The two most commonly recognized and utilized bases for federal court jurisdiction are (1) "federal question," 28 U.S.C. § 1331, and (2) "diversity of citizenship," 28 U.S.C. § 1332. In the present case, Plaintiff is a resident of the state of New York. Section 1332(a) requires complete diversity of parties and an amount in controversy in excess of seventy-five thousand dollars ($75,000.00). Complete diversity of parties in a case means that no party on one side may be a citizen of the same state as any party on the other side. See Owen Equip. & Erection Co. v. Kroger, 437 U.S. 365, 372-74 & nn.13-16 (1978). The court has no diversity jurisdiction over this case because, according to the Plaintiff's Complaint, several of the defendants are also residents of the state of New York. In absence of diversity of citizenship, the amount in controversy is irrelevant.
The pleadings also fail to provide any clear basis for federal question jurisdiction under § 1331. However, Plaintiff does ask the court, "if necessary [to] prosecute Bernadette Sokolich, et al. for U.S. mail fraud and wire fraud against Philip Sokolich." (ECF No. 1 at 5); see also 18 U.S.C. §§ 1341, 1343. While district courts have original jurisdiction of all civil actions arising under the laws of the United States, "[n]o citizen has an enforceable right to institute a criminal prosecution." Lopez v. Robinson, 914 F.2d 486, 494 (4th Cir. 1990) (citing Linda R. v. Richard V., 410 U.S. 614, 619 (1973) ("In American jurisprudence at least, a private citizen lacks a judicially cognizable interest in the prosecution or nonprosecution of another.")). Further, prosecutorial discretion does not reside in the judicial branch; the decision whether or not to prosecute, and what charge to file or bring, generally rests within the prosecutor's discretion. Bordenkircher v. Hayes, 434 U.S. 357, 364 (1978); see also United States v. Derrick, 163 F.3d 799, 825 (4th Cir. 1998) ("A judge in our system does not have the authority to tell prosecutors which crimes to prosecute or when to prosecute them") (quoting United States v. Giannattasio, 979 F.2d 98, 100 (7th Cir. 1992)). Thus, Plaintiff lacks the right to institute, and the court lacks authority to initiate, criminal charges against any of the defendants.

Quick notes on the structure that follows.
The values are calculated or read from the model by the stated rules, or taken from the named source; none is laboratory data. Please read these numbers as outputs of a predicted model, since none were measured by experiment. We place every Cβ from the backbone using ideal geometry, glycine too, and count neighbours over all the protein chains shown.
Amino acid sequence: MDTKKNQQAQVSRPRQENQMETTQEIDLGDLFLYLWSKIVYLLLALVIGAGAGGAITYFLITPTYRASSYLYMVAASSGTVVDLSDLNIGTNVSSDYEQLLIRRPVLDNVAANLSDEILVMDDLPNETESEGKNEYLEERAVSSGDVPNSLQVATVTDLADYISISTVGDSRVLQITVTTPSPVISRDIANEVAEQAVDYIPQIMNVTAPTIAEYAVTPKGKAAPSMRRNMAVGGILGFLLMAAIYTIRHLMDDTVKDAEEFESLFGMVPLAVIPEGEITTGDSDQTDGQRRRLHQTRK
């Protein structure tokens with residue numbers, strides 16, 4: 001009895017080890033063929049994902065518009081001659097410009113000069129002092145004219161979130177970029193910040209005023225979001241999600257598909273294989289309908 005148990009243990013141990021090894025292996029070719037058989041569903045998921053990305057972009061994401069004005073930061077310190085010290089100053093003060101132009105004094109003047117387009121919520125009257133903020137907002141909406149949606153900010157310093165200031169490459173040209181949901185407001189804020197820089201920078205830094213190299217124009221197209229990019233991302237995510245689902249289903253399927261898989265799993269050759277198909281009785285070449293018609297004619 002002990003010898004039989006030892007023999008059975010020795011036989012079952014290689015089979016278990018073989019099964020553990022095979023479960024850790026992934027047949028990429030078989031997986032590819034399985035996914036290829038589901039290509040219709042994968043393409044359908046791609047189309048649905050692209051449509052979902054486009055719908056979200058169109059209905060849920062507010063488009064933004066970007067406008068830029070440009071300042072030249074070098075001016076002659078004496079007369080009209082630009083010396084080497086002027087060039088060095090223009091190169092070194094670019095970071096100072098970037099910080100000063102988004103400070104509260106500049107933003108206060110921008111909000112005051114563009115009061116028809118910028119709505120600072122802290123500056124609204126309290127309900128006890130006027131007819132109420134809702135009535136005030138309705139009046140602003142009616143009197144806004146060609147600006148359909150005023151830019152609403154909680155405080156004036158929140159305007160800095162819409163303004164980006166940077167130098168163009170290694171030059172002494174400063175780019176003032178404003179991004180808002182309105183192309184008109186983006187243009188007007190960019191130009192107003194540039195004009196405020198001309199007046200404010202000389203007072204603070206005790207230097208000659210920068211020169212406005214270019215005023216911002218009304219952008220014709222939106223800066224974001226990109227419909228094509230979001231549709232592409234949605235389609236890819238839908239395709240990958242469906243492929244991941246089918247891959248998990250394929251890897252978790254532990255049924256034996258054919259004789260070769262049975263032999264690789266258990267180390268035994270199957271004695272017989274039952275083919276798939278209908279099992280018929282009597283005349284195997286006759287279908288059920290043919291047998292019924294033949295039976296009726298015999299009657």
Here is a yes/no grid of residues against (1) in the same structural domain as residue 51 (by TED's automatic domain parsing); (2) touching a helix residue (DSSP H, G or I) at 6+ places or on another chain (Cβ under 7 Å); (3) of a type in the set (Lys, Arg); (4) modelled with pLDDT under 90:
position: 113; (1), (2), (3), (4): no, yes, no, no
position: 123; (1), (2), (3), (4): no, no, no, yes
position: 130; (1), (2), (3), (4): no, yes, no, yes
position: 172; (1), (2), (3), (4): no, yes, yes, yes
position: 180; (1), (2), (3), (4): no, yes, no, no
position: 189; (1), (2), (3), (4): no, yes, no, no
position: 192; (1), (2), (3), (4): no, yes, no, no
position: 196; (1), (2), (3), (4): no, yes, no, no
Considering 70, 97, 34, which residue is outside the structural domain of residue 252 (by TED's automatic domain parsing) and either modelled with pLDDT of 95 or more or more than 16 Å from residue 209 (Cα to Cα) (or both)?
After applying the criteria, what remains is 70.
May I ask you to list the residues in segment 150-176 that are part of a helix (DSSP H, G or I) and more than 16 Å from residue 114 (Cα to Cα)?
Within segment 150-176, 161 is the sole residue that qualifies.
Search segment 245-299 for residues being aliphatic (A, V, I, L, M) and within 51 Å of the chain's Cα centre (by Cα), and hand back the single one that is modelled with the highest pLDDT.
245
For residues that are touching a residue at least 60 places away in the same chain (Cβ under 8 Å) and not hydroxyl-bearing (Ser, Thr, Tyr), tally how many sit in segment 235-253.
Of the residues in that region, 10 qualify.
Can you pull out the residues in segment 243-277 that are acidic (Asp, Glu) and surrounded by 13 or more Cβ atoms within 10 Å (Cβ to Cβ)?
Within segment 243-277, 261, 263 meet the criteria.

Liberally construed, the Complaint may also attempt to assert a violation of Plaintiff's constitutional rights by the defendants. A legal action under 42 U.S.C. § 1983 allows "a party who has been deprived of a federal right under the color of state law to seek relief." City of Monterey v. Del Monte Dunes at Monterey, Ltd., 526 U.S. 687, 707 (1999). To state a claim under § 1983, a plaintiff must allege: (1) that a right secured by the Constitution or laws of the United States was violated, and (2) that the alleged violation was committed by a person acting under the color of state law. West v. Atkins, 487 U.S. 42, 48 (1988). Alleged constitutional claims against federal entities or employees are evaluated under Bivens v. Six Unknown Named Agents of Fed. Bureau of Narcotics, 403 U.S. 388, 397 (1971), which established a direct cause of action under the United States Constitution against federal officials for the violation of federal constitutional rights. See Carlson v. Green, 446 U.S. 14, 18 (1980); Holly v. Scott, 434 F.3d 287, 289 (4th Cir. 2006). A Bivens claim is analogous to a claim brought against state officials under 42 U.S.C. § 1983, therefore, caselaw involving § 1983 claims is applicable in Bivens actions. See Harlow v. Fitzgerald, 457 U.S. 800, 814-20, n.30 (1982); see also Farmer v. Brennan, 511 U.S. 825 (1994); Bolin v. Story, 225 F.3d 1234, 1241-42 (11th Cir. 2000); Campbell v. Civil Air Patrol, 131 F. Supp. 2d 1303, 1310, n.8 (M.D. Ala. 2001) ("[T]he court shall refer interchangeably to cases decided under both § 1983 and Bivens.").